I’ve developed an interest in discovering methods of divination that have no links to kabala, and the reductionist ideas of modern occultism (12 signs, 7 planets, 4 elements etc., into which everything is crammed to fit) which are found in Tarot.
I also find the use of symbols and text associated with the Abrahamic cults off-putting; I’m aware there are arguments to be made that these concepts are ancient teachings that were were stolen/appropriated, in the same manner Christianity appropriated pagan holidays such as Easter, but that is not the topic I wish to cover here today.
This post looks at methods of divination, in order to understand past, present, and future events, as well as gaining personal insights, that have no links to kabala:
So far, the simplest and most beginner friendly method I’ve found is Napoleon’s Book Of Fate for which I created a tutorial that includes a link to a legal download and my notes on how to adapt the questions, you’ll find that here.
The Book is at its strongest giving readings on anything related to powerplays, politics, and making decisions about investments of time, money, energy, or trust, and at its weakest when used for love and romance.
I also use a pendulum which is the most adaptable, convenient, and discreet method of divining; it takes time and frequent use to overcome wishful thinking, so if you want to have this skill, make sure to use a pendulum OFTEN, to be able to observe results and become used to allowing answers to come through you without too much baited breath.
Experience has shown me that best results come from asking about my own reactions: “Will I regret taking this course of action?” for example, or “Will such-and-such make me happy?” rather than abstract yes/no questions, which correlates to the way people’s random precognitive flashes tend to be about events of great emotional significance, and I prefer a using very simple pendulum, mine is made from a bolt on a piece of string.
I also posted how, with time, you will be able to do without the pendulum itself, here: Tutorial : Tool-Free Magick Using Your Hands.
The I Ching makes a great backup to the pendulum, because where a pendulum is reasonably limited, the I Ching ranges pretty far away from binary answers, and I’ve never heard of it telling someone what they wanted to hear: its answers are generally difficult to put an egoic or sentimental spin on. Less of a tool for a hard-edged snapshot though, of the present or future, in my opinion.
There are many well-researched texts written about the I Ching; in my experience, although striving to understand the philosophy behind it is a noble and respectful endeavour, it will work just fine for simple divination even if you are ignorant regarding the broader framework of ideas that underly it.
Lenormand and other fortune-telling decks exist which portray events, objects, and people in a manner that doesn’t directly link to the Astrological, Elemental, or Sephirothic correspondences, I don’t have much to report on these.
Runes can obviously be used for divination, but I prefer to use them for spellcasting, so I won’t cover those here right now.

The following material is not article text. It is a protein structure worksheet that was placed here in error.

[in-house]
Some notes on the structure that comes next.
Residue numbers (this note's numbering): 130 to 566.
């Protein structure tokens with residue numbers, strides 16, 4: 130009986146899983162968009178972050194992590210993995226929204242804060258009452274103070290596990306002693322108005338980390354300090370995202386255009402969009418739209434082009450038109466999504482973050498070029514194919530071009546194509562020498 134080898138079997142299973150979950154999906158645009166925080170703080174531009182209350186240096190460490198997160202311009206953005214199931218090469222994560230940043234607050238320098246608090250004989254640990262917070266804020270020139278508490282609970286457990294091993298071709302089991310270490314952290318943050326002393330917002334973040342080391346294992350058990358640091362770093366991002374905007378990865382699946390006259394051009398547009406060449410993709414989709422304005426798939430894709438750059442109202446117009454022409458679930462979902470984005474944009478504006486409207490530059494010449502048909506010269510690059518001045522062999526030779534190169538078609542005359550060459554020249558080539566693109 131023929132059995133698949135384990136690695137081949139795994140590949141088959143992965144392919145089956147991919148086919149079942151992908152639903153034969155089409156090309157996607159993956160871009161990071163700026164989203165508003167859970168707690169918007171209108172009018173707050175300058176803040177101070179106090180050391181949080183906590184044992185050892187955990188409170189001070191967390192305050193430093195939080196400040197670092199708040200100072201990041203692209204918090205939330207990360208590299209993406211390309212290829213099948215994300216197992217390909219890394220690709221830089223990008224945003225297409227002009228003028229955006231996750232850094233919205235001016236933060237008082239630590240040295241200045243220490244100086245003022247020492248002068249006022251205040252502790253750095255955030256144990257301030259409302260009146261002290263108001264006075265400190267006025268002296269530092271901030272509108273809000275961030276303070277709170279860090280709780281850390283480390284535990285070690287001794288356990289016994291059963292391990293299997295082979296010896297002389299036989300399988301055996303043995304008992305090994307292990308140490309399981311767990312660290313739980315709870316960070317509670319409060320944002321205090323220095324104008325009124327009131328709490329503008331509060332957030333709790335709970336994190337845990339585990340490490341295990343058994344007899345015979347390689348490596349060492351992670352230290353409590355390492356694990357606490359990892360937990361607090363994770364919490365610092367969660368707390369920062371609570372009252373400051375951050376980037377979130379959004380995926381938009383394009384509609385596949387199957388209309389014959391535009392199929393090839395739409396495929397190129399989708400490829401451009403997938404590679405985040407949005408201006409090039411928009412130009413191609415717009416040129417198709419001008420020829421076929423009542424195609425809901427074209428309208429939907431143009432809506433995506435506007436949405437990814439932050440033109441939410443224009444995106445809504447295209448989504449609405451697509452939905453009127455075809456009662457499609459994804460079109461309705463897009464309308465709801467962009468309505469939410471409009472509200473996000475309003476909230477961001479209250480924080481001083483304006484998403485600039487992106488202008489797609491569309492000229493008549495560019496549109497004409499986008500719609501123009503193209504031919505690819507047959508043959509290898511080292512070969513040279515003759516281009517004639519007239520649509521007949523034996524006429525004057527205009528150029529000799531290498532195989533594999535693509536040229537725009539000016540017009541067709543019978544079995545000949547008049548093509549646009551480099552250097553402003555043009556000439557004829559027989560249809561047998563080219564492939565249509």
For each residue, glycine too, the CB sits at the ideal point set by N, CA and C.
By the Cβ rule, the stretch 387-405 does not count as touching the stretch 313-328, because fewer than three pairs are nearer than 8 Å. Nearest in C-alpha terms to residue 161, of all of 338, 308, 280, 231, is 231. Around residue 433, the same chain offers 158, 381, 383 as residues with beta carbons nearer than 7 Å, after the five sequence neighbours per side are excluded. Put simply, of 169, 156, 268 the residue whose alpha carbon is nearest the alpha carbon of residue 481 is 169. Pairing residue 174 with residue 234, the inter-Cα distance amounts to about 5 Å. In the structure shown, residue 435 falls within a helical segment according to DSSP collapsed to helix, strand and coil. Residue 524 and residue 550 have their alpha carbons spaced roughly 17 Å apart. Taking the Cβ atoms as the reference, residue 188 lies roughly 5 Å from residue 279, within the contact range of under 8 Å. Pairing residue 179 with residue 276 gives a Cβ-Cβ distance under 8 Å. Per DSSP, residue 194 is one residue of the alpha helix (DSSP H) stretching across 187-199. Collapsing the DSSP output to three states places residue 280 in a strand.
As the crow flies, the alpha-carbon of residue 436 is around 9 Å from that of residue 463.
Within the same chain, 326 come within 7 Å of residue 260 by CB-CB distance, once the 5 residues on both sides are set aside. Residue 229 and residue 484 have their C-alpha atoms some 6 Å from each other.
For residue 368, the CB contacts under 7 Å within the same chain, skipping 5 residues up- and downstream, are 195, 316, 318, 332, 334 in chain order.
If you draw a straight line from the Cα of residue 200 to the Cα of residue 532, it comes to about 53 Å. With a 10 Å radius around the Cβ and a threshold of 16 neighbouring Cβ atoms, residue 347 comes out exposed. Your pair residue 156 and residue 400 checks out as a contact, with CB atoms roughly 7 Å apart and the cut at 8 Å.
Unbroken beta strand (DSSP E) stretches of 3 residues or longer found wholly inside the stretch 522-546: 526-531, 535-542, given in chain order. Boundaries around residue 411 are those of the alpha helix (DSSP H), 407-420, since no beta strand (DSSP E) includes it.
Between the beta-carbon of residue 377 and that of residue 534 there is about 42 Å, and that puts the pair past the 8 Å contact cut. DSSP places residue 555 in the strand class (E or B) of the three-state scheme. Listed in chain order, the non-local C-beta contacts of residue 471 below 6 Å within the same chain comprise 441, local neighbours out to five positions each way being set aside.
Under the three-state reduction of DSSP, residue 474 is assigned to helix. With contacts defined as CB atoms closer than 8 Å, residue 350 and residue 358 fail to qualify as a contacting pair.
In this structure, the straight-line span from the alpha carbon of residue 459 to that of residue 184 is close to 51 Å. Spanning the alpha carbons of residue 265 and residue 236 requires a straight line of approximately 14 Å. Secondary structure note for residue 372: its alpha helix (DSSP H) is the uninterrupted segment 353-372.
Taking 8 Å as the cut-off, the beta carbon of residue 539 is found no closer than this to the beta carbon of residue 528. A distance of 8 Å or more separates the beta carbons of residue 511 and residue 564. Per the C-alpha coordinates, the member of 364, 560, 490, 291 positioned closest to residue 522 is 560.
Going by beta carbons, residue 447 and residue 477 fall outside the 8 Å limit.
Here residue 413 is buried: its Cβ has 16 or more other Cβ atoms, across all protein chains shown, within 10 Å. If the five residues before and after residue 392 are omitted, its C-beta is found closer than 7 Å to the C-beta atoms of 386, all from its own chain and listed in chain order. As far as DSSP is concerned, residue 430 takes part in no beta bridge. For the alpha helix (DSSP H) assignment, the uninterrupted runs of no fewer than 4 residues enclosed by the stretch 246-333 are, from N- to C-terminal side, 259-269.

The newest discovery I’m working with right now is Sortes Homericae - divination using the works of Homer, which was recorded as being used at least as far back as 399 BCE:
It is this I particularly wanted to share here, because I haven’t seen this method of divination widely discussed, and I believe it has value to many people on this forum.
This method has given me given answers that seem far more relevant than random chance would allow for, and so far, the answers derived by this method have been accurate once verified against actual outcomes.
- Whether you can perform this with other classical texts that are not traditionally considered scriptural in nature, or even more modern works, would be a matter for you to decide, based on your estimation of the book’s author and its personal relevance to your life and the times we live in.
Bonus Material - How To Do Bibliomancy In A Computer Document (Fiddly, But Free):
note the total number of pages in the document (use the internal numbering of the pages with the original text within the document, not prefaces and modern introductions)
translate this into a number of columns: ones, tens, hundreds, thousands. A document with 27 pages has 2 columns, for example, 759 pages = 3 columns, 1,294 pages - 4 columns
create slips from paper or card that give you the numbers 0 to 9. Make ONE set of slips numbered 0 - 9 for EACH column: a 27 word document requires 2 sets of numbered slips, a 1,294 page document requires 4 sets of slips numbered 0 - 9.
place all of the slips, together, in a box, bag, or even a hat. Give them a good shake or stir, to mix them up randomly
to get your page number, draw out as many slips as there are columns – for example, a 27 page document means 2 columns, so draw 2 slips. This will give you 2 numbers, go to that page in the document, and then allow your eye or finger to be drawn to a sentence on that page - this will be your answer.
Edit to add: if the first numbers are too high (you draw say 9, 8, and 6 for a document with 127 pages) either redraw, or knock down any overages to 0, so that would be page 006). 0 is chosen because the numbers drawn do not exist in the document.
Obviously buying a cheap paperback of The Iliad or any other text is simpler, but not an option for everyone who may want to test this method right now.